Touch of Davis
Lifelong Grateful Dead fan and longtime SNL writer recounts the
inception of the show and his own adventurous life in comedy.
Al Franken’s former writing and performing partner, Tom Davis, even with
a longer tenure as a writer on SNL, and relegated to the back-burner
amid a younger staff at the show by the early 1990s, will always have
some great stories and the memories of some great work on and for the
show, much of which he recounts in this memoir, “39 Years of Short-Term Memory Loss: The Early Days of SNL from Someone Who Was There.”
The organization of the book is scattershot, jumping around in time and
subject, loosely organized into chapters revolving around one
personality or another -- either Franken, Dan Aykroyd, the Grateful Dead
(Davis was a big fan and lobbied Lorne Michaels to get the group on SNL
in its original classic late 1970s run), John Belushi, Chevy Chase,
Michael O’Donoghue and Timothy Leary (Davis also befriended and hung out
with the LSD pioneer). Even within these chapters, Davis tends to jump
around in time, pulling to the fore whatever story about the subject he
Although Davis’ autobiography is very free-form, it does include several
great stories of times with the original SNL players, such as barhopping
with Murray and Paul Shaffer for inspiration to write the Nick the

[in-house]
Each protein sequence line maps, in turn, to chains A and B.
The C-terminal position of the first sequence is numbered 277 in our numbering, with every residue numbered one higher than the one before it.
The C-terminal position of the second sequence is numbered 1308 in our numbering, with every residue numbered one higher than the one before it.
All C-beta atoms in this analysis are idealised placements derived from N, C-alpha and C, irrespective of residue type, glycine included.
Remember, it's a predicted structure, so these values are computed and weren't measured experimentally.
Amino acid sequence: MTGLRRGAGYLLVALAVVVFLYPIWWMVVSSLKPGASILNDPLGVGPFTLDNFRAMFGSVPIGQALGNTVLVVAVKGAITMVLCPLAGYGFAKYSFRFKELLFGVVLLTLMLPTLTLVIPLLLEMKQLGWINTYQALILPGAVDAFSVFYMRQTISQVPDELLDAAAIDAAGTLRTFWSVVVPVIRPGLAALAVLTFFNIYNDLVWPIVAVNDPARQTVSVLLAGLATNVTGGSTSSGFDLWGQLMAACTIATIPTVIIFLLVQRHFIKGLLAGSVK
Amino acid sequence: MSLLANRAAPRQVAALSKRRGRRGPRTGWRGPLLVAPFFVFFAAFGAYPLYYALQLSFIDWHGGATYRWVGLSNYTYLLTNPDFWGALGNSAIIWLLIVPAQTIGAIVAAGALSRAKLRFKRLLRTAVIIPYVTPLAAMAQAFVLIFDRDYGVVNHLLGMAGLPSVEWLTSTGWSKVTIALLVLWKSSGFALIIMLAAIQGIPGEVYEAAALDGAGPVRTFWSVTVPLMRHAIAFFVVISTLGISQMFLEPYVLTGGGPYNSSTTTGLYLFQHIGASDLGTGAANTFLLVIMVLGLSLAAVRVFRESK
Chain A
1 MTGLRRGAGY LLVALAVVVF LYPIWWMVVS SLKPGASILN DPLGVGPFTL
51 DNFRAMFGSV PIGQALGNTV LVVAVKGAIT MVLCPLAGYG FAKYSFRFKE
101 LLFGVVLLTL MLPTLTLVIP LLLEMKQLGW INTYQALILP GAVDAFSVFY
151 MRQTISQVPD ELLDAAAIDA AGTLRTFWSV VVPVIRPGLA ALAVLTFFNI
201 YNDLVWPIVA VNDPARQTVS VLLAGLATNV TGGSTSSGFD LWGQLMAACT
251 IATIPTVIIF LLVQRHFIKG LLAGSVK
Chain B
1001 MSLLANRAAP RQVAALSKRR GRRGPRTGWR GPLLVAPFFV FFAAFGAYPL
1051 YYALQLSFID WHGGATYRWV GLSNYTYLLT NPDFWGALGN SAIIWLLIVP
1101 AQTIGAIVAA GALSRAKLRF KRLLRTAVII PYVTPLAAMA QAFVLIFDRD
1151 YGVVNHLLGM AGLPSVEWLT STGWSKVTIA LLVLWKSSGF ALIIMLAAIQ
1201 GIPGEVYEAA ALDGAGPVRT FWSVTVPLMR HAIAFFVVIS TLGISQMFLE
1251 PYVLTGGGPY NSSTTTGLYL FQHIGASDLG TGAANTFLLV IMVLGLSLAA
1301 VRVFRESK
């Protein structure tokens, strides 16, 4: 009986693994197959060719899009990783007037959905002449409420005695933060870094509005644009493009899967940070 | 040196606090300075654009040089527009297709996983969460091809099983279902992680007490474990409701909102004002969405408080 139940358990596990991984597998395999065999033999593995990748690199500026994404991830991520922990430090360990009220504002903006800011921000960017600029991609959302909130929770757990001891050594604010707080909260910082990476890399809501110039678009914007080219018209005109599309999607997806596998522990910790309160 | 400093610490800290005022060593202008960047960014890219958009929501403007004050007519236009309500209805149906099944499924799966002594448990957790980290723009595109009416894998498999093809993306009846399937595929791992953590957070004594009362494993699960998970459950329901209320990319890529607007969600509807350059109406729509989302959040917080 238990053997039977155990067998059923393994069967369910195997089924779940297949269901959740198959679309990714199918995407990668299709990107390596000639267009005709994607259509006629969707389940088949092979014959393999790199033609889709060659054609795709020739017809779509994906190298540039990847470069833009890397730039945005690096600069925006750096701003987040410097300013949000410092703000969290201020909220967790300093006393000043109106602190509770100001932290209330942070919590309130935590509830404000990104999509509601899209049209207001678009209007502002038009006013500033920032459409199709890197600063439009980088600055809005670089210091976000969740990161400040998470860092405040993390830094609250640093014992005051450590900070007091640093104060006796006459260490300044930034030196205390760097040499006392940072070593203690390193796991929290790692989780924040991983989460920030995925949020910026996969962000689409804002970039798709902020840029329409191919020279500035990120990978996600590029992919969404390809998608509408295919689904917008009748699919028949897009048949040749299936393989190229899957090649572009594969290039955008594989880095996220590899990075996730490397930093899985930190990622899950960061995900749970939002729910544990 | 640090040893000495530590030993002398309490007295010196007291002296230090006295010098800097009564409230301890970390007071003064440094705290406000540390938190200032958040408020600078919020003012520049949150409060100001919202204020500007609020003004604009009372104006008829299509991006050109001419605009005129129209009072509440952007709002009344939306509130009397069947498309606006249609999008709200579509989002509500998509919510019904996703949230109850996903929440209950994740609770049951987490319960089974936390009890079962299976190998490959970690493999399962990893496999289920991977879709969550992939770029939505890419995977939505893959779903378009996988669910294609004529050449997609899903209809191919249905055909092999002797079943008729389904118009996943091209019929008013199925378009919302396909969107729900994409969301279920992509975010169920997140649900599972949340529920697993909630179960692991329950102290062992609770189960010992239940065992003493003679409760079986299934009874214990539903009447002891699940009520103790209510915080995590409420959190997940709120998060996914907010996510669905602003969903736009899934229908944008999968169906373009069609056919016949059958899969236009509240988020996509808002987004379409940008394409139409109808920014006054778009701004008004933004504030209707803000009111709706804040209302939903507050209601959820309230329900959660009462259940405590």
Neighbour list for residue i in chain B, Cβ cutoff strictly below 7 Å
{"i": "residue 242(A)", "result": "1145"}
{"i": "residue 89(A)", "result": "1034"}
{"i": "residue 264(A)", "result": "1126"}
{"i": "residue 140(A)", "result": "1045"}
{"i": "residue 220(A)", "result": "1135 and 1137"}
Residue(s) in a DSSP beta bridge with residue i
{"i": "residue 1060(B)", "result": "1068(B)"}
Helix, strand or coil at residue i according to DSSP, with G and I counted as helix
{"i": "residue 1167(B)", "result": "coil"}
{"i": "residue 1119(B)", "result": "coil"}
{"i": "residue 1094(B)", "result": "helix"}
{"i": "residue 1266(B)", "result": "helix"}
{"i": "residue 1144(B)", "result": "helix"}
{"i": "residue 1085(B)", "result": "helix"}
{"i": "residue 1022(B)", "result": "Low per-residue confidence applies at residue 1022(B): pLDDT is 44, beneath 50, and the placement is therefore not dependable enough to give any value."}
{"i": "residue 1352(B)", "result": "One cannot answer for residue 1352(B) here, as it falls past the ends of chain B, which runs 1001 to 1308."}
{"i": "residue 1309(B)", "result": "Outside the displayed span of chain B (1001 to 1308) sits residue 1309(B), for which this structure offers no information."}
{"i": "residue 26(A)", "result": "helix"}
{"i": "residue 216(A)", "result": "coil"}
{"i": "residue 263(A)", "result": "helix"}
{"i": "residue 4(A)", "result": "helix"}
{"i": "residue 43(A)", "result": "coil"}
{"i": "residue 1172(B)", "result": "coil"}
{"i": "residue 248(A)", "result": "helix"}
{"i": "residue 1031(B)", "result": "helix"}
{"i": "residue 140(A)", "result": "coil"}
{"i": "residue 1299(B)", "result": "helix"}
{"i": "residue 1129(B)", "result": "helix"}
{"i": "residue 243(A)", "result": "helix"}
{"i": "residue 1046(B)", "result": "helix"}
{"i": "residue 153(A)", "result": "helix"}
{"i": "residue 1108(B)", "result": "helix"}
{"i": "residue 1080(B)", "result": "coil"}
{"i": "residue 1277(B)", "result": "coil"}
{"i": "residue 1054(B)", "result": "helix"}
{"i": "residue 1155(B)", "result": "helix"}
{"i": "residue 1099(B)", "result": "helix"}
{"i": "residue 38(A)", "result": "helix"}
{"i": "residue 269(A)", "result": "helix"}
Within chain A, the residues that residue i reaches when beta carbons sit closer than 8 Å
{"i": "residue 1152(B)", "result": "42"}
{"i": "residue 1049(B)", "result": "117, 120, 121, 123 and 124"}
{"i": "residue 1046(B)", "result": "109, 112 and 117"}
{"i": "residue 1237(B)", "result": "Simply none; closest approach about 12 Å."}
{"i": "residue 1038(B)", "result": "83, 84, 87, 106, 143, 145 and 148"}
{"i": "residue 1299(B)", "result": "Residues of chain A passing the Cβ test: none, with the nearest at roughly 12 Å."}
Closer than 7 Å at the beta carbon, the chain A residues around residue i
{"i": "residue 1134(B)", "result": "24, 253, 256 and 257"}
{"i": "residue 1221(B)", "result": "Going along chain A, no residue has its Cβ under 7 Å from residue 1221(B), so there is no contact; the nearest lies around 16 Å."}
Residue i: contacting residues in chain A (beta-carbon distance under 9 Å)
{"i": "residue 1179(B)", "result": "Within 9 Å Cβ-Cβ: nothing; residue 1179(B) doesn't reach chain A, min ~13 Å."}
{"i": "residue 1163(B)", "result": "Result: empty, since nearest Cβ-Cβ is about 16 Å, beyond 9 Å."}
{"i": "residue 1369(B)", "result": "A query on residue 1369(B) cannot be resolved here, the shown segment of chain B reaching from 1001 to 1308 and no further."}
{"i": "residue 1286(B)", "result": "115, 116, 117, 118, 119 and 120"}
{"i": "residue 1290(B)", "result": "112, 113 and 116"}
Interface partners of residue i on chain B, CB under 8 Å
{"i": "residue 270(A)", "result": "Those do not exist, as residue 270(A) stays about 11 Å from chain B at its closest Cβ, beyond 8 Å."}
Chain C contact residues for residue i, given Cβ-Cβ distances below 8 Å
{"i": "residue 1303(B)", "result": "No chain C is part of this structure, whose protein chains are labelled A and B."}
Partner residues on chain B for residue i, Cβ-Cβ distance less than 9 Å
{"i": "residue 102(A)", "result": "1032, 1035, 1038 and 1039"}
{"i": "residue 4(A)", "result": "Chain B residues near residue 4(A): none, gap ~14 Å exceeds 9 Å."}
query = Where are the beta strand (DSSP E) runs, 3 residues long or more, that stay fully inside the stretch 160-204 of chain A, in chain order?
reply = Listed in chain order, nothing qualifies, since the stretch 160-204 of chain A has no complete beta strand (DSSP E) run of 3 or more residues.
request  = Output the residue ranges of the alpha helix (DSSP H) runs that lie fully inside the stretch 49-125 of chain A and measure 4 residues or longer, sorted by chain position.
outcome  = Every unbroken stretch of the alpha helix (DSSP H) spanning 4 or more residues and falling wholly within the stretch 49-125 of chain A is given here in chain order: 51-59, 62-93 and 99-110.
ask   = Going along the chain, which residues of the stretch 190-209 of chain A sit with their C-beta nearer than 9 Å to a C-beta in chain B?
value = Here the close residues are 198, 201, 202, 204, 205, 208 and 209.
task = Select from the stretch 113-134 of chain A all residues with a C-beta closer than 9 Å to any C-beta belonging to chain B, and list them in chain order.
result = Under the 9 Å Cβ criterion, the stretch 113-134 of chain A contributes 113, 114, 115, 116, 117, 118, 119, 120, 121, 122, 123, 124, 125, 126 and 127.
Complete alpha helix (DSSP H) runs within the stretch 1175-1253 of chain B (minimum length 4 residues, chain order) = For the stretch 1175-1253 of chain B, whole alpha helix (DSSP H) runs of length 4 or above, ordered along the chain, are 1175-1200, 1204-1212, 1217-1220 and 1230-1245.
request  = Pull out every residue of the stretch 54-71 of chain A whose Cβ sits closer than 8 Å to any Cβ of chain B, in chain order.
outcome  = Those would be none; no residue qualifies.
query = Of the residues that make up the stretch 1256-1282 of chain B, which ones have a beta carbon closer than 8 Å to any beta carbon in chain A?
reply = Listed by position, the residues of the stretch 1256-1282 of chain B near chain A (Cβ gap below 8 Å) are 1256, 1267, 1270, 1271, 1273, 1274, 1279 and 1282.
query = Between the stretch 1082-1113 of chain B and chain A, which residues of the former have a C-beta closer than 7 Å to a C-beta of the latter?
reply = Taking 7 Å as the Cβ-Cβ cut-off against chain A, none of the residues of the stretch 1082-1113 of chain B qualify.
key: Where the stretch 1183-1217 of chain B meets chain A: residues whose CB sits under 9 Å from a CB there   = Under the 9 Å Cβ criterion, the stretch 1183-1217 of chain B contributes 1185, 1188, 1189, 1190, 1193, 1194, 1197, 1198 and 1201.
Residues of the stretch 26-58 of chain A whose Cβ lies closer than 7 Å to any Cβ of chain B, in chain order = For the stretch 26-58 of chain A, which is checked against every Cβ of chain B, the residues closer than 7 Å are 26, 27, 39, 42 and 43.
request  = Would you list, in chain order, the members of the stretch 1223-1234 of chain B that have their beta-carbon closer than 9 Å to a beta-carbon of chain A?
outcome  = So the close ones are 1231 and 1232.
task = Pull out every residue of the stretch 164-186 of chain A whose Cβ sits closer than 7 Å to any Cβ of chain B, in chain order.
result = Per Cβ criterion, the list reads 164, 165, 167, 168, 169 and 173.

lounge singer sketches; how he convinced Michaels to put the Dead on;
Franken & Davis’ adventures as performers before getting signed to SNL;
and sadly trying to intervene in saving Chris Farley.
Some of the chronology of events does get lost or muddled in the jumping
around or back and forth with chapters devoted to Franken, Davis own
youthful travels, the Dead, and stories about girlfriends and his wife
Mimi, as well as all the SNL backstage history. Then again, this
probably wouldn’t be Tom Davis’ book if it wasn’t so scattered, the
product of the same mind that created such transgressive sketch comedy.
The method to the madness might be the way Davis keeps you turning the
pages, eager for the next bit of history, or crazy story, that wouldn’t
be possible if the book was linear in its recollections.
Davis’ book has enough detail to recommend it to fans of SNL -- more
specifically to fans of the show who are critical of its weaker moments,
because Davis, judging by some of the sketches he recalls having a hand
in, definitely gave it a lot of edge and bite in its material.
For an account of Davis' recent appearance at 92Y Tribeca discussing
his book, see this
Jester's Blog entry.